Hello! It’s time to review the books I read in November 🙂
This year, for the first time, I participated in Nonfiction November, and I managed to hit my goal! I read 4 books of nonfiction in Japanese during the course of November, and I even managed to read two novels and a manga as well.
『裁判官失格』 by Ryuichi Takahashi (高橋隆一)
This is the only book of the month that has been a disappointment. The title and the obi are very catchy, but the content of the book is very superficial. I also did not like the structure (or rather, the absence of structure of the book). The chapters are very short, the author talks about a lot of things but does not go deeper on the topic he mentions.
As for the language level, this book was certainly the most difficult to read as a language learner. I would have been willing to look up more words if the content had been more exciting, but as it was, I was just looking forward to finishing the book and move on to the next one.
『あのころ』by Momoko Sakura (さくらももこ)
No only are episodes of Momoko Sakura’s childhood charming and engrossing, but they are also quite easy to read in Japanese.
First of all, all these stories deal with everyday life, school, family, home, friends… everything that composes a child’s universe. As a result, the book is not too challenging in terms of vocabulary, and there are more furigana than in other books.
The stories are also very short (12-15 pages each), so it makes for a perfect study tool for those practising reading in Japanese.
『嫌われる勇気』 by Ichiro Kishimi (岸見一郎) and Fumitake Koga (古賀史健)
I was pleasantly surprised by this book! I bought it because it is a huge bestseller and it aroused my curiosity, but it is not the kind of book that I usually enjoy.
I ended up buying the audiobook too, because reading a book and listening to its audio version is an exercise that I like to do from time to time.
It turned out that this book is perfect for an audio version. The whole book is a conversation between a philosopher and a sceptic young interlocutor who is not convinced by what the philosopher says, so it somehow feels even more natural to listen to the audiobook rather than to read the book. The voice actors are very good too.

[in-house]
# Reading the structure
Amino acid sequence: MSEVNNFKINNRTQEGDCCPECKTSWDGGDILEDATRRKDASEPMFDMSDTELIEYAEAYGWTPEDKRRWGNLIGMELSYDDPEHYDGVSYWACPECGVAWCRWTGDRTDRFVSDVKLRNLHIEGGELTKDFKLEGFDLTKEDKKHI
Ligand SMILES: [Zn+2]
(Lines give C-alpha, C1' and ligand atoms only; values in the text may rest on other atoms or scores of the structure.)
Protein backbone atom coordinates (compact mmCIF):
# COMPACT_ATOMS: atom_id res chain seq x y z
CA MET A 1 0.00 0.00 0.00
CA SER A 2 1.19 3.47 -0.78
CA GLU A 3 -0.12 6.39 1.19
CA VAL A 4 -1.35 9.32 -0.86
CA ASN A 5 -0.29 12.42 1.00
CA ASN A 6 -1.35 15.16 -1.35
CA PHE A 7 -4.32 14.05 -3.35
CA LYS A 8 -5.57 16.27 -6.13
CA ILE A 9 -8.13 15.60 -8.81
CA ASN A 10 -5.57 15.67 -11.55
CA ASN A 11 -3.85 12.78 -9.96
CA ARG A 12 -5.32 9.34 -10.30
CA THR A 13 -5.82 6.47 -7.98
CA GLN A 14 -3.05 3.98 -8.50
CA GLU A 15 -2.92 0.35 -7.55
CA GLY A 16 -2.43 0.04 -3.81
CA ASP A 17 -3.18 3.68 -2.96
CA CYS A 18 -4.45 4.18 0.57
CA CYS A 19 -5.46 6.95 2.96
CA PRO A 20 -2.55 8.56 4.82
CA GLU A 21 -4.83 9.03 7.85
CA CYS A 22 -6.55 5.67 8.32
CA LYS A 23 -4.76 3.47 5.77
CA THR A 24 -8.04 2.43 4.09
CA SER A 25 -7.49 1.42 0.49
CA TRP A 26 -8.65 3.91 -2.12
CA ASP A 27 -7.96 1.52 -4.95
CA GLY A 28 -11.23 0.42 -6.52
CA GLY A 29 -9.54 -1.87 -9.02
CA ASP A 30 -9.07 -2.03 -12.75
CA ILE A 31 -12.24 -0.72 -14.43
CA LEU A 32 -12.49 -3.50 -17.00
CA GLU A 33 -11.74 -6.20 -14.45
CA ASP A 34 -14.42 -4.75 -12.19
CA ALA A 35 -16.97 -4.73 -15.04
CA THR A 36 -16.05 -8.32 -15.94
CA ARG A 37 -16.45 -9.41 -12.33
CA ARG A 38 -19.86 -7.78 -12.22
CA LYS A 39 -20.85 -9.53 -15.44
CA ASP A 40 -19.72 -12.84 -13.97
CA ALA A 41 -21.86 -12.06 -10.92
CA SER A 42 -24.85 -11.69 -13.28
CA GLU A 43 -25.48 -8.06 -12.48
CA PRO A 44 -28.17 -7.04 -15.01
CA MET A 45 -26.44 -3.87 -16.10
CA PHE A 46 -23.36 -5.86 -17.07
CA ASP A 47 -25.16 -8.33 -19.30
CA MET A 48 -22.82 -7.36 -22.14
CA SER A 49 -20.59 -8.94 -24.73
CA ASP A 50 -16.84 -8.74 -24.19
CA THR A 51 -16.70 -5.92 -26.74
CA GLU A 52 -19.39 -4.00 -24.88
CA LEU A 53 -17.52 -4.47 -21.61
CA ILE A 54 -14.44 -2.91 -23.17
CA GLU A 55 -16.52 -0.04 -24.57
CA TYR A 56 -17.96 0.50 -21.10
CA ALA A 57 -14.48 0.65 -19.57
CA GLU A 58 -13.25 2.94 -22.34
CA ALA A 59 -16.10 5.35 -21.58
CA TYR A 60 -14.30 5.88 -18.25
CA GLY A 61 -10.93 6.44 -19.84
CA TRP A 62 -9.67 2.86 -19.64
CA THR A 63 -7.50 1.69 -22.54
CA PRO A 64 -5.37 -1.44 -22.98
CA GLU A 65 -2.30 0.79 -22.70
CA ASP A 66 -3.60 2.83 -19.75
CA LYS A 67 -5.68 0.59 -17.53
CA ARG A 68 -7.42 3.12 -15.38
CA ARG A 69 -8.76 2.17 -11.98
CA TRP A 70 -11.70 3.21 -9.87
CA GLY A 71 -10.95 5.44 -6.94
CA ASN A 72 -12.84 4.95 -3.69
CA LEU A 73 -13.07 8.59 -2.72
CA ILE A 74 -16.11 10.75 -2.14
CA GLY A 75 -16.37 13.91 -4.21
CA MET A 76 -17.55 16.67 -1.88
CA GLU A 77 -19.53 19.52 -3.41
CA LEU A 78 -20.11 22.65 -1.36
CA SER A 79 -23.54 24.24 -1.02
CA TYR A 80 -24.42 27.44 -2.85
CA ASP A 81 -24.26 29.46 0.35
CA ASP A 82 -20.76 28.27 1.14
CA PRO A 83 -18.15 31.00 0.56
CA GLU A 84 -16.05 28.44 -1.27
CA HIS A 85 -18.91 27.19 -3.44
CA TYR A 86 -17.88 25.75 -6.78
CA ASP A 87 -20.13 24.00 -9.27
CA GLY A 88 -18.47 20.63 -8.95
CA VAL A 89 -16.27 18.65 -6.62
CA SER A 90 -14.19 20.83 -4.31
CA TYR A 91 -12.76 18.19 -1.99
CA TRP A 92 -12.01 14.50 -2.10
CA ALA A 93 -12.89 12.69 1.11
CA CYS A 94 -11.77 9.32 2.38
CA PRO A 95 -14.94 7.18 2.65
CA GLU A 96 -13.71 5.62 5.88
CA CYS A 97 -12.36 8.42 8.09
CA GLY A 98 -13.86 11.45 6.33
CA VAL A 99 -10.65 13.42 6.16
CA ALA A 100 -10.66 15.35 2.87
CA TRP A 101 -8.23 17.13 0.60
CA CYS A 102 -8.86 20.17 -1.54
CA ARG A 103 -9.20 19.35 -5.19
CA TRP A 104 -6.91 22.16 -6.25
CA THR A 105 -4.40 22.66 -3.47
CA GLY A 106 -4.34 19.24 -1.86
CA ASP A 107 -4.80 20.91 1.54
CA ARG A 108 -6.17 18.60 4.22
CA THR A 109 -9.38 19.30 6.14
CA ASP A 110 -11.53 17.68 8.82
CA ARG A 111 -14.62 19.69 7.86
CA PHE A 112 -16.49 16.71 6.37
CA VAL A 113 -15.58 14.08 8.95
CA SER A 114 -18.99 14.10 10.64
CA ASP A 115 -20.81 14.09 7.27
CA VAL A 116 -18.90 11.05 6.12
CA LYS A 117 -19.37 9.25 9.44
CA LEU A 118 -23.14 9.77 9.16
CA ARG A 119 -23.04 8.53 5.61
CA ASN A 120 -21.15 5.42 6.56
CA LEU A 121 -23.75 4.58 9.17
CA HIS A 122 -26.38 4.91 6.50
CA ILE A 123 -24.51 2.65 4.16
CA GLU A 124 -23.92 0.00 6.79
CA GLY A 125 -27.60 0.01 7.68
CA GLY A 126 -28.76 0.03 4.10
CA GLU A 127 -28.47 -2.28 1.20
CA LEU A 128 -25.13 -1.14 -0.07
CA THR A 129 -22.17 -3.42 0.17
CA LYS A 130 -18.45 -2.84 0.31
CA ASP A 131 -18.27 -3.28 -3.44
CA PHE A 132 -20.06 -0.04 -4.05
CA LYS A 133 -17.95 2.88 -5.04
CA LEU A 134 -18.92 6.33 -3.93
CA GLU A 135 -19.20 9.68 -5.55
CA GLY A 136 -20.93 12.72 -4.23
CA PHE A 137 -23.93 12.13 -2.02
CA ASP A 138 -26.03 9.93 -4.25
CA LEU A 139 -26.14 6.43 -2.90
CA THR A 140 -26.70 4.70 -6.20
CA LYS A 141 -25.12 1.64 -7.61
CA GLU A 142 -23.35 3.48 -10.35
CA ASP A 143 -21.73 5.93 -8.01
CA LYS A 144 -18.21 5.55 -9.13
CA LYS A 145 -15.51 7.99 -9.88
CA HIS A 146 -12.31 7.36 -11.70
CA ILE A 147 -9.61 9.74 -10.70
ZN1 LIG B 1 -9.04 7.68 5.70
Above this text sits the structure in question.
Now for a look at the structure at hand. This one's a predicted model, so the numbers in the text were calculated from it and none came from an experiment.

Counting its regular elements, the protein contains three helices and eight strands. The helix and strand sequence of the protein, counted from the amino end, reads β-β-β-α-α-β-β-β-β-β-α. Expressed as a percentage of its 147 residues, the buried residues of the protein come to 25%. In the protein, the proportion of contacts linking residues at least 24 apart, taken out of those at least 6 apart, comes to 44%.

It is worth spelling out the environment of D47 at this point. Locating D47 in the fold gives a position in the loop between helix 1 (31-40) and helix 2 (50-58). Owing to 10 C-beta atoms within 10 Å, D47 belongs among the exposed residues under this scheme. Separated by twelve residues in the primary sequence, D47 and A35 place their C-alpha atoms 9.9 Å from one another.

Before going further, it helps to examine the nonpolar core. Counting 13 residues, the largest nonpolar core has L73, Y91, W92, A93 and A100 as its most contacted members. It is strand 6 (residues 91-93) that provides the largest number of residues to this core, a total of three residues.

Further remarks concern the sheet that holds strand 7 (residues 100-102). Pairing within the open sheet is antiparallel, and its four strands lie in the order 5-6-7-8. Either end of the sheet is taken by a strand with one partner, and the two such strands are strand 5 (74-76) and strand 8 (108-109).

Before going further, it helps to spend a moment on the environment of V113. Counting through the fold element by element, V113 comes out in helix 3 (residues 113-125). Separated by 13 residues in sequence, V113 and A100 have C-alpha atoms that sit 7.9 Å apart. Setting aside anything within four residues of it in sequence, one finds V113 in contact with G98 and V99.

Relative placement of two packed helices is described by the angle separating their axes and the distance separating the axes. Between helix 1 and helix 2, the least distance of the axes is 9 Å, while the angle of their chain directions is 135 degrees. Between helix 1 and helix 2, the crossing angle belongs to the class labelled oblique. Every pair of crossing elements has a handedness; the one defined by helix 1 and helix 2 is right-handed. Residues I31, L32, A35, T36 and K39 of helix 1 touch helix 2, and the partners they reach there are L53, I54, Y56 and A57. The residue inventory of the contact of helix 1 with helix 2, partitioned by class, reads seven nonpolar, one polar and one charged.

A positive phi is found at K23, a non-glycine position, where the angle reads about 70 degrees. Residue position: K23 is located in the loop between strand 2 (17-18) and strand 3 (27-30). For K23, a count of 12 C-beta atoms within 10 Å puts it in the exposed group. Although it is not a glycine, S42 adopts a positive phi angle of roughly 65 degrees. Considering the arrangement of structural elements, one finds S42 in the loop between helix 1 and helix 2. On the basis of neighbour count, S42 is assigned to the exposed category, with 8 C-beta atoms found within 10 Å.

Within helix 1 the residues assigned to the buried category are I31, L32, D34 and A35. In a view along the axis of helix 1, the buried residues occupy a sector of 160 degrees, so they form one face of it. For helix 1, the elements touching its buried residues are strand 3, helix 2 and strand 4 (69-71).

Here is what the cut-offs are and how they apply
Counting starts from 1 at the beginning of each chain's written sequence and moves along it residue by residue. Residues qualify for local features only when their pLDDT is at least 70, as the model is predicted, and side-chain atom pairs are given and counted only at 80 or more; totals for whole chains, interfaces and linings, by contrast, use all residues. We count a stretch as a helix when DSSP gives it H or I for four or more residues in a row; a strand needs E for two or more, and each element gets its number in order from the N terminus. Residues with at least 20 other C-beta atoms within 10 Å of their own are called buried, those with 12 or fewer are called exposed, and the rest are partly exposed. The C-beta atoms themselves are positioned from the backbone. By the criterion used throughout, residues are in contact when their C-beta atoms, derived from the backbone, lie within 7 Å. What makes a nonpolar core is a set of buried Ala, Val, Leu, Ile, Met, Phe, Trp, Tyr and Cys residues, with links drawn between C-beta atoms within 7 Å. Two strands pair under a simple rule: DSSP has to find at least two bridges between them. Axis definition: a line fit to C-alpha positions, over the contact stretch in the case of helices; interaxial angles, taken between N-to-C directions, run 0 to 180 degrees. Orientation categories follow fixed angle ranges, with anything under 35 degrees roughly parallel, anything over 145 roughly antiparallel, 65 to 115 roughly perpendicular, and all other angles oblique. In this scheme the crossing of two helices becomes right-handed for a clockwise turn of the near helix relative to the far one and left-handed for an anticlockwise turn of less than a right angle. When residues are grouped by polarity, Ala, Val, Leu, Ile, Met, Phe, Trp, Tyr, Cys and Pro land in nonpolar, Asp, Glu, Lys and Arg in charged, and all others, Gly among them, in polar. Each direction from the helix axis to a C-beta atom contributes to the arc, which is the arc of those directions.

Even though the topic of the book (Adler psychology) is complex, the language level is not too high and overall, the book was not difficult to read. The efforts made by the authors to convey their message in the easiest and most accessible way possible made for an overall easy book to me.
『岩田さん』, edited by Hobo Nikkan Itoi Shinbun (ほぼ日刊イトイ新聞)
I have heard so many good things about this book, that I was sure I would like it, but still, I was surprised to find it so engrossing, even passages about topics that don’t usually interest me (like leadership and management).
This book is a collection of interviews made by Shigesato Itoi with Satoru Iwata, and extracts from 社長が訊く. As a result, the book reads very easily, it feels like listening to an interview rather than reading a book.
As for the language level, it was easier than I thought it would be. You can read samples here if you are interested in the book and want to check the language level. (By the way, the anecdote at the beginning about the HP calculator that does not have a [=] button was very enlightening to me. I had one of this calculators in the hand once and thought it was the weirdest thing ever. Interesting to see that it is similar to the Japanese way of counting!)